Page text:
There has been a rumour going around since the beginning of time that carbohydrates make you fat.
However, this couldn’t be further from the truth.
The key to optimal health is eating every food group in moderation. Your body needs protein, fats, water and carbohydrates.
Another rumour is that “all carbs are bad.”
But there are different types of carbs you should know about.
First things first, carbohydrates are one of three macronutrients found in food. (The other two are fat and protein.)
“Macronutrients” refers to the nutrients that form the majority of our diet.
And the truth is, it’s rare to find a food that contains just one nutrient. Most foods have a combination of carbohydrates, fats and proteins in different amounts.
In terms of carbs, there are three types that you can find in food.
Carbohydrates should generally be used for the following purposes.
When excess carbs aren’t being used for these purposes, your body will store them as fat.
To prevent this from happening, you should regulate your carbohydrate intake.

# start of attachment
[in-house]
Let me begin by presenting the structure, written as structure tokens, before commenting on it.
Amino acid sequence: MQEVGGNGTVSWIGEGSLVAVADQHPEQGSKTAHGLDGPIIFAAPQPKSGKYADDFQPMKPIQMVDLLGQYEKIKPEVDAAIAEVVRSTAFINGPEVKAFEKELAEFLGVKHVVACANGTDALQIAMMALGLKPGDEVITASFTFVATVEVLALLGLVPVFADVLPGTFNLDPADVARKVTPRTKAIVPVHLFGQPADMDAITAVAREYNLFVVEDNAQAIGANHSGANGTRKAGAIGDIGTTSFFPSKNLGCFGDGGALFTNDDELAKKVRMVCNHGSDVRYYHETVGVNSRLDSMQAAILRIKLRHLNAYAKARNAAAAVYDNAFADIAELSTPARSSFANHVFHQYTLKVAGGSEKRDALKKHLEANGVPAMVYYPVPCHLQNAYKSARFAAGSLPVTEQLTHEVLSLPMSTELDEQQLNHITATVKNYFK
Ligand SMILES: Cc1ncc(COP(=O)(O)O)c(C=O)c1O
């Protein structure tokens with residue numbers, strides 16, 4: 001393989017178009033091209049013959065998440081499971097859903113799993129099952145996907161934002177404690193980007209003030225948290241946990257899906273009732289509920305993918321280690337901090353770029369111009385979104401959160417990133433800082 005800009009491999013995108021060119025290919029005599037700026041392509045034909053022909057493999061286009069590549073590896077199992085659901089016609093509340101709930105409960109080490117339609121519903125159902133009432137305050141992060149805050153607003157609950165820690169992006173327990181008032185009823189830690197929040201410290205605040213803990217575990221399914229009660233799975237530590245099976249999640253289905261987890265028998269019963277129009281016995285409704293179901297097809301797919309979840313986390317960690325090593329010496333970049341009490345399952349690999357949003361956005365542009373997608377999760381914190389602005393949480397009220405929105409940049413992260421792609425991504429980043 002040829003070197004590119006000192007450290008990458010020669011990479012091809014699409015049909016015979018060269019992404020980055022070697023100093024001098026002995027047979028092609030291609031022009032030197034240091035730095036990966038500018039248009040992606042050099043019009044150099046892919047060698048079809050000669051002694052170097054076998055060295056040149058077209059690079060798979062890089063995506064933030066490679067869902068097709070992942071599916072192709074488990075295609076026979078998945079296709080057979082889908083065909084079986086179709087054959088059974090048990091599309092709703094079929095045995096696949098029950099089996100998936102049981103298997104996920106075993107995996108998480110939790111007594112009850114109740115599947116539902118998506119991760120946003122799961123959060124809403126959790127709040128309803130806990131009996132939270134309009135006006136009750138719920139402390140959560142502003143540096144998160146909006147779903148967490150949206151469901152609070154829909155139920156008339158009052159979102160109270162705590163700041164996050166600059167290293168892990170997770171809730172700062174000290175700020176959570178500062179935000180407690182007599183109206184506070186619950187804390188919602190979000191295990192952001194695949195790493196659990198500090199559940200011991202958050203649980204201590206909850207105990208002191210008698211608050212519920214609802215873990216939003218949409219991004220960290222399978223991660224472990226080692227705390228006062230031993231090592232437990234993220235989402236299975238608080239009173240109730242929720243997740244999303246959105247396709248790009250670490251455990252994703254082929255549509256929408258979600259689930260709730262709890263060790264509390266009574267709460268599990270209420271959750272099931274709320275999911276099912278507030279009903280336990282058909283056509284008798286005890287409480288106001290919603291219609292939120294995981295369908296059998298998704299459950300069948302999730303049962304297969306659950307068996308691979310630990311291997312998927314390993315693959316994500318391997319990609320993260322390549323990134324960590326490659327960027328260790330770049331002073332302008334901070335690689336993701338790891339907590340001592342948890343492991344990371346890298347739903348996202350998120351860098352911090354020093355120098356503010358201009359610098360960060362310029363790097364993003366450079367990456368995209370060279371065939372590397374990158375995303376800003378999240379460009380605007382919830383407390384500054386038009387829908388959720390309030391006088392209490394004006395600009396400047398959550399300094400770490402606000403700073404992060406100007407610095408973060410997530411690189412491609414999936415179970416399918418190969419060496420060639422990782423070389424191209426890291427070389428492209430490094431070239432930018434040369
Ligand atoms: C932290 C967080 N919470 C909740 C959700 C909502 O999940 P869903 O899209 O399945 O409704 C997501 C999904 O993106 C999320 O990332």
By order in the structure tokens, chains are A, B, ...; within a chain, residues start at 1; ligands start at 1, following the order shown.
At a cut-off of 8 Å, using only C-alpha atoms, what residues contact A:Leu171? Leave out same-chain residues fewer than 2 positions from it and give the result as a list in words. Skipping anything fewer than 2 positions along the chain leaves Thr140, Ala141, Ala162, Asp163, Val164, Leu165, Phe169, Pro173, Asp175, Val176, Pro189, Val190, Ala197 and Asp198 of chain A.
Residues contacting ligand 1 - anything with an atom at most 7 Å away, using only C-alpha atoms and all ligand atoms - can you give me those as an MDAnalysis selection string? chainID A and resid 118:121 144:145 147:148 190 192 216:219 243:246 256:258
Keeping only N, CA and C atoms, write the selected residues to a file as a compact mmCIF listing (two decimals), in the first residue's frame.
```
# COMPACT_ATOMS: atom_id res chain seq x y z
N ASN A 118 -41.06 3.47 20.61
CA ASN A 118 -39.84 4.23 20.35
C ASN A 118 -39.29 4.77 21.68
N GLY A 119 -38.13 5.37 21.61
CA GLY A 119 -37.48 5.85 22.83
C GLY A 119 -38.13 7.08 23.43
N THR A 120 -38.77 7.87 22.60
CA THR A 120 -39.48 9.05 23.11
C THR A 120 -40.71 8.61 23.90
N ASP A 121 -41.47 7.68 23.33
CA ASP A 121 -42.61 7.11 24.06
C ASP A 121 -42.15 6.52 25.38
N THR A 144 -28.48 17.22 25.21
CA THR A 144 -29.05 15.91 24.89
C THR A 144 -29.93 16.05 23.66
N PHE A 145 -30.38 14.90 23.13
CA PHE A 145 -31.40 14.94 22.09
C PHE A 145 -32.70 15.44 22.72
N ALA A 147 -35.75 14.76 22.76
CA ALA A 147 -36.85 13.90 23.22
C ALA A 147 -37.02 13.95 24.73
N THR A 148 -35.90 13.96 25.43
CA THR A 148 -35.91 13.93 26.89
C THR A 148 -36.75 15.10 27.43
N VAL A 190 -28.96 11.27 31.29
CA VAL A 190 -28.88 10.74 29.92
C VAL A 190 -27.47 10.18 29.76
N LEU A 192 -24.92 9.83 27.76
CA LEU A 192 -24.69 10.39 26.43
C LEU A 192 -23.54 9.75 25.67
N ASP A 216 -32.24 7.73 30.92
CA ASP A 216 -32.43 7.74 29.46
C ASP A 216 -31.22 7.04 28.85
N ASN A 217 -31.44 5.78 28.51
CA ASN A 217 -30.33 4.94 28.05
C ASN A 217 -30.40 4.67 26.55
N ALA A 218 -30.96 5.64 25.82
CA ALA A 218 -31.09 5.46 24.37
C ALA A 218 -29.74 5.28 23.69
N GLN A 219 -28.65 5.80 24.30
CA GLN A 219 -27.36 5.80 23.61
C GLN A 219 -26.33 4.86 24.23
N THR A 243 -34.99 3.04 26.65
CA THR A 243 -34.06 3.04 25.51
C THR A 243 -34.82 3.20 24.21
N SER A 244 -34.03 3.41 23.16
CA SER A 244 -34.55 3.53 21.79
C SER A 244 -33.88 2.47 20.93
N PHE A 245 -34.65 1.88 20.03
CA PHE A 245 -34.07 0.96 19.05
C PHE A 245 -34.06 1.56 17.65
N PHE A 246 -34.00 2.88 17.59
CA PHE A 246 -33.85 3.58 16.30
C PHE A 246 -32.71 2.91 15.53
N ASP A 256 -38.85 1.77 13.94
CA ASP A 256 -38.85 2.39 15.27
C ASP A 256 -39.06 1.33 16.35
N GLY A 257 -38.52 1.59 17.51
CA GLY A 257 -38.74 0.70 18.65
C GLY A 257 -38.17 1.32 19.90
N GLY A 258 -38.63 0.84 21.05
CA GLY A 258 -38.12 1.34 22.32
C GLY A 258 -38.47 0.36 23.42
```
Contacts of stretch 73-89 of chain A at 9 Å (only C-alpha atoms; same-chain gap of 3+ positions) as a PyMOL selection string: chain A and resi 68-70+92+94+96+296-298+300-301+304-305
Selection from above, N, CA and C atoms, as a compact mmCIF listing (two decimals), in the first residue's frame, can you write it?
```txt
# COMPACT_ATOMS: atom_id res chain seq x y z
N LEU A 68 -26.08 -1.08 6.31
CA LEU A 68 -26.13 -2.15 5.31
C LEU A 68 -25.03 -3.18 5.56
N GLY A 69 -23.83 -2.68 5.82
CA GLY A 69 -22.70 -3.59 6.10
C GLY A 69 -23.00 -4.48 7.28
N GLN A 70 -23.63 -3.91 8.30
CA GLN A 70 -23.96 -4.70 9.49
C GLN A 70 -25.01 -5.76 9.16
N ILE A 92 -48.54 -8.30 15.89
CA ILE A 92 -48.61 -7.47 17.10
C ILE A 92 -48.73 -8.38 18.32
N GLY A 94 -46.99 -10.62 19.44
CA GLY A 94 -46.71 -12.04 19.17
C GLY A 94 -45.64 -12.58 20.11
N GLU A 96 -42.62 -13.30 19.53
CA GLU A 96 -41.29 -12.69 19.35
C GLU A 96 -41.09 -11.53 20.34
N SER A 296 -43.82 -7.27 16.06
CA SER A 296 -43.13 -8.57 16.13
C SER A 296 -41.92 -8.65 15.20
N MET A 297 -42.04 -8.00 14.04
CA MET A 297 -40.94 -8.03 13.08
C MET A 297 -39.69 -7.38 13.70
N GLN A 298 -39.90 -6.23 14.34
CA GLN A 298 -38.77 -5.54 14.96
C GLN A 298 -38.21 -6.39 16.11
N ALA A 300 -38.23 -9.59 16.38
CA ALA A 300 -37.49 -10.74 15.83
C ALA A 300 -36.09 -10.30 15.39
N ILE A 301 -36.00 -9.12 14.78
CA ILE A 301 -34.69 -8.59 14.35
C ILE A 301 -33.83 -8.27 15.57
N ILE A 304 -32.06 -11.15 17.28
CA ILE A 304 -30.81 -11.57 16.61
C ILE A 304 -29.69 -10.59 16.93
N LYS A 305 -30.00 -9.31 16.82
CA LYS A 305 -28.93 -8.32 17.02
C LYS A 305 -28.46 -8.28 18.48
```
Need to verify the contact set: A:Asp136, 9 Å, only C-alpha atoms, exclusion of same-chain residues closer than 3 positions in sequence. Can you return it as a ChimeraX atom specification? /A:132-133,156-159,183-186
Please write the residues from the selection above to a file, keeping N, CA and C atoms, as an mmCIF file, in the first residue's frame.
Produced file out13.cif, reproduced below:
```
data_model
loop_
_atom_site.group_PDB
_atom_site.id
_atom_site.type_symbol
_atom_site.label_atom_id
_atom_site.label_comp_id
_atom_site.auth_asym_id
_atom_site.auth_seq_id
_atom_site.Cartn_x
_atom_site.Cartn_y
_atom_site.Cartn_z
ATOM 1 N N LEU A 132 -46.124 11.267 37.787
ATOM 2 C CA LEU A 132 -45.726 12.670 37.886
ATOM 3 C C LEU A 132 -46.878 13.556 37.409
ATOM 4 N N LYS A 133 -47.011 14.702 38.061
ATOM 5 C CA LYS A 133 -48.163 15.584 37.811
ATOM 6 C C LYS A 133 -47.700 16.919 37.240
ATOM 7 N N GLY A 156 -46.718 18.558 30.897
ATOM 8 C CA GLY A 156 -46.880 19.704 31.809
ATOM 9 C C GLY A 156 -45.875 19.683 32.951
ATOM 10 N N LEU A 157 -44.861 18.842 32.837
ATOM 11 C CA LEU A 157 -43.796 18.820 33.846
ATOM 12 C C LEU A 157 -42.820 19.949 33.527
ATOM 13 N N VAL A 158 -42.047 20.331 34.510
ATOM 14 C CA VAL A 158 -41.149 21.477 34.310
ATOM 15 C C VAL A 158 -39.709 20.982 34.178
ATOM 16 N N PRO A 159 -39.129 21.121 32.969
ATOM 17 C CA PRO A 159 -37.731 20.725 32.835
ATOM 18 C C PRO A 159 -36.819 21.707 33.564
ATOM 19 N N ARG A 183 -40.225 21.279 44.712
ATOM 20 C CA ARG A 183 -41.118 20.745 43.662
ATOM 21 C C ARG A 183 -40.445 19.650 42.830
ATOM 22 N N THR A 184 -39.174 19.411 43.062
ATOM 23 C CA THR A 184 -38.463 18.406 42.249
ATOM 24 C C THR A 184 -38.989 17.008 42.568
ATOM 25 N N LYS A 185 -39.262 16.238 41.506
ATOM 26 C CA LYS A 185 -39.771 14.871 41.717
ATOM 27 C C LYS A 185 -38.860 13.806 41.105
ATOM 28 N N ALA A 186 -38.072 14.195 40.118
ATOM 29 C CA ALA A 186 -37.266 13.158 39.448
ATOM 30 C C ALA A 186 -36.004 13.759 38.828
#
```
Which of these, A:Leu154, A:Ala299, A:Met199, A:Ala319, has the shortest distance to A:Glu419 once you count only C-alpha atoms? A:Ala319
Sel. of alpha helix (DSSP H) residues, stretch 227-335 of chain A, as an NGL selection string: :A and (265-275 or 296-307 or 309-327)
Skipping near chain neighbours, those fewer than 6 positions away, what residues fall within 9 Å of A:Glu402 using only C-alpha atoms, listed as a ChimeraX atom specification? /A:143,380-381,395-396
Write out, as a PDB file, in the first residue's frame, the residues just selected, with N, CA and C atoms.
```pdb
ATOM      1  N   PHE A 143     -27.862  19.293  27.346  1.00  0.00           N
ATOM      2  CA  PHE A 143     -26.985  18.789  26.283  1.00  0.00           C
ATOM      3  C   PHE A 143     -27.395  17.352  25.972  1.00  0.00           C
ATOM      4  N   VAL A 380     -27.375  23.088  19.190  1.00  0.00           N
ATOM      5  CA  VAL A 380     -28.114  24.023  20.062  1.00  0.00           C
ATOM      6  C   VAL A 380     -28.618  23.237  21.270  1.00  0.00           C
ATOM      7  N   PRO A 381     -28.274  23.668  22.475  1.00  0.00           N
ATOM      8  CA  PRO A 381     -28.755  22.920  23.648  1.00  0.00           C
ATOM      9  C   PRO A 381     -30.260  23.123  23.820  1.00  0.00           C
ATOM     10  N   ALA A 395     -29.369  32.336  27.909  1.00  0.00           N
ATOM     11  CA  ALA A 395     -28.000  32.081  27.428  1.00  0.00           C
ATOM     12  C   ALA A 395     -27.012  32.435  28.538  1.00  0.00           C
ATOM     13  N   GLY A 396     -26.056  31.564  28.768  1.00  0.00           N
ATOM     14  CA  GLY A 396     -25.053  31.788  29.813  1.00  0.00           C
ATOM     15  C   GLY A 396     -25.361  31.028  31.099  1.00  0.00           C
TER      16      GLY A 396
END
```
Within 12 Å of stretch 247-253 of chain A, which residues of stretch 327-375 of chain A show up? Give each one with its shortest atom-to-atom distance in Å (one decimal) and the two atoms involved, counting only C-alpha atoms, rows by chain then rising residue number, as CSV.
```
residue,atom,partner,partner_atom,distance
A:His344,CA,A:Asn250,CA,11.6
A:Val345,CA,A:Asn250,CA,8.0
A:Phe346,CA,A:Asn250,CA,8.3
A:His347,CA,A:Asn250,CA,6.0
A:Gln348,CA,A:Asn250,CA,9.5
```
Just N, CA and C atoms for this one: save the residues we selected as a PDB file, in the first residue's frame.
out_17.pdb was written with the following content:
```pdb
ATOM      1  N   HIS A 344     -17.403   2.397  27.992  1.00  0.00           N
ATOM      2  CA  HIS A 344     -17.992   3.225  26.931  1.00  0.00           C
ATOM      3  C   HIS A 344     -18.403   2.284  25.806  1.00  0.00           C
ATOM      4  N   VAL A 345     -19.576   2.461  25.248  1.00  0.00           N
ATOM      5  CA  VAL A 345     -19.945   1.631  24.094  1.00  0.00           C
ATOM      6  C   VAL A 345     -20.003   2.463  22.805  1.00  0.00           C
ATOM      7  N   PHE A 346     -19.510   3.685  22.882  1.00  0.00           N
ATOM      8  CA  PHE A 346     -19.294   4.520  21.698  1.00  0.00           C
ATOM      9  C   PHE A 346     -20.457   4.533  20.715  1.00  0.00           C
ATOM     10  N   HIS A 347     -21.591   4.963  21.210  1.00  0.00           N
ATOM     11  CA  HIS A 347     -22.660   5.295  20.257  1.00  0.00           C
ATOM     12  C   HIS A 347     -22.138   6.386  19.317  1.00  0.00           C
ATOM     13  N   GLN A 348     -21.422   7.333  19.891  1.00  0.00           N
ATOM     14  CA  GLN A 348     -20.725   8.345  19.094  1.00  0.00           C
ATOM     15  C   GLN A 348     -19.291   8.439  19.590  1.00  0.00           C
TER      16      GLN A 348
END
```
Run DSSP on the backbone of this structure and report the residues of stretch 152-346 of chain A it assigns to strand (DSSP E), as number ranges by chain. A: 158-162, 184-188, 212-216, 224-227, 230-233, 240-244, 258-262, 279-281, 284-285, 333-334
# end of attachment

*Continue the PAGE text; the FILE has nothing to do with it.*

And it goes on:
Your best bet is to eat carbohydrates around your exercise regime — but only if it’s the right type of carb.
Also, it’s worth mentioning that you can fill up on vegetables for any meal.
How come? Well, they’re full of ber, which maintains your blood sugar, alleviates your cravings and keeps you feeling fuller for longer.
According to government healthy eating advice, just over a third of your diet should be made up of the starchy foods we talked about earlier.
(Quick refresher: these are potatoes, bread, pasta and rice — to name a few!)
Another third should be fruit and vegetables.
Essentially, this means that over half of your daily calorie intake will consist of starchy foods, fruit and vegetables.
So, do carbohydrates make you fat? Well, any food can be responsible for weight gain if you eat too much of it.
Whether you have a diet high in fat or carbs, consuming more energy than your body uses will cause you to pile on the pounds.
The key is to realise that not all carbs are the same. It’s the type, quality and quantity of carbohydrate in our diet that counts.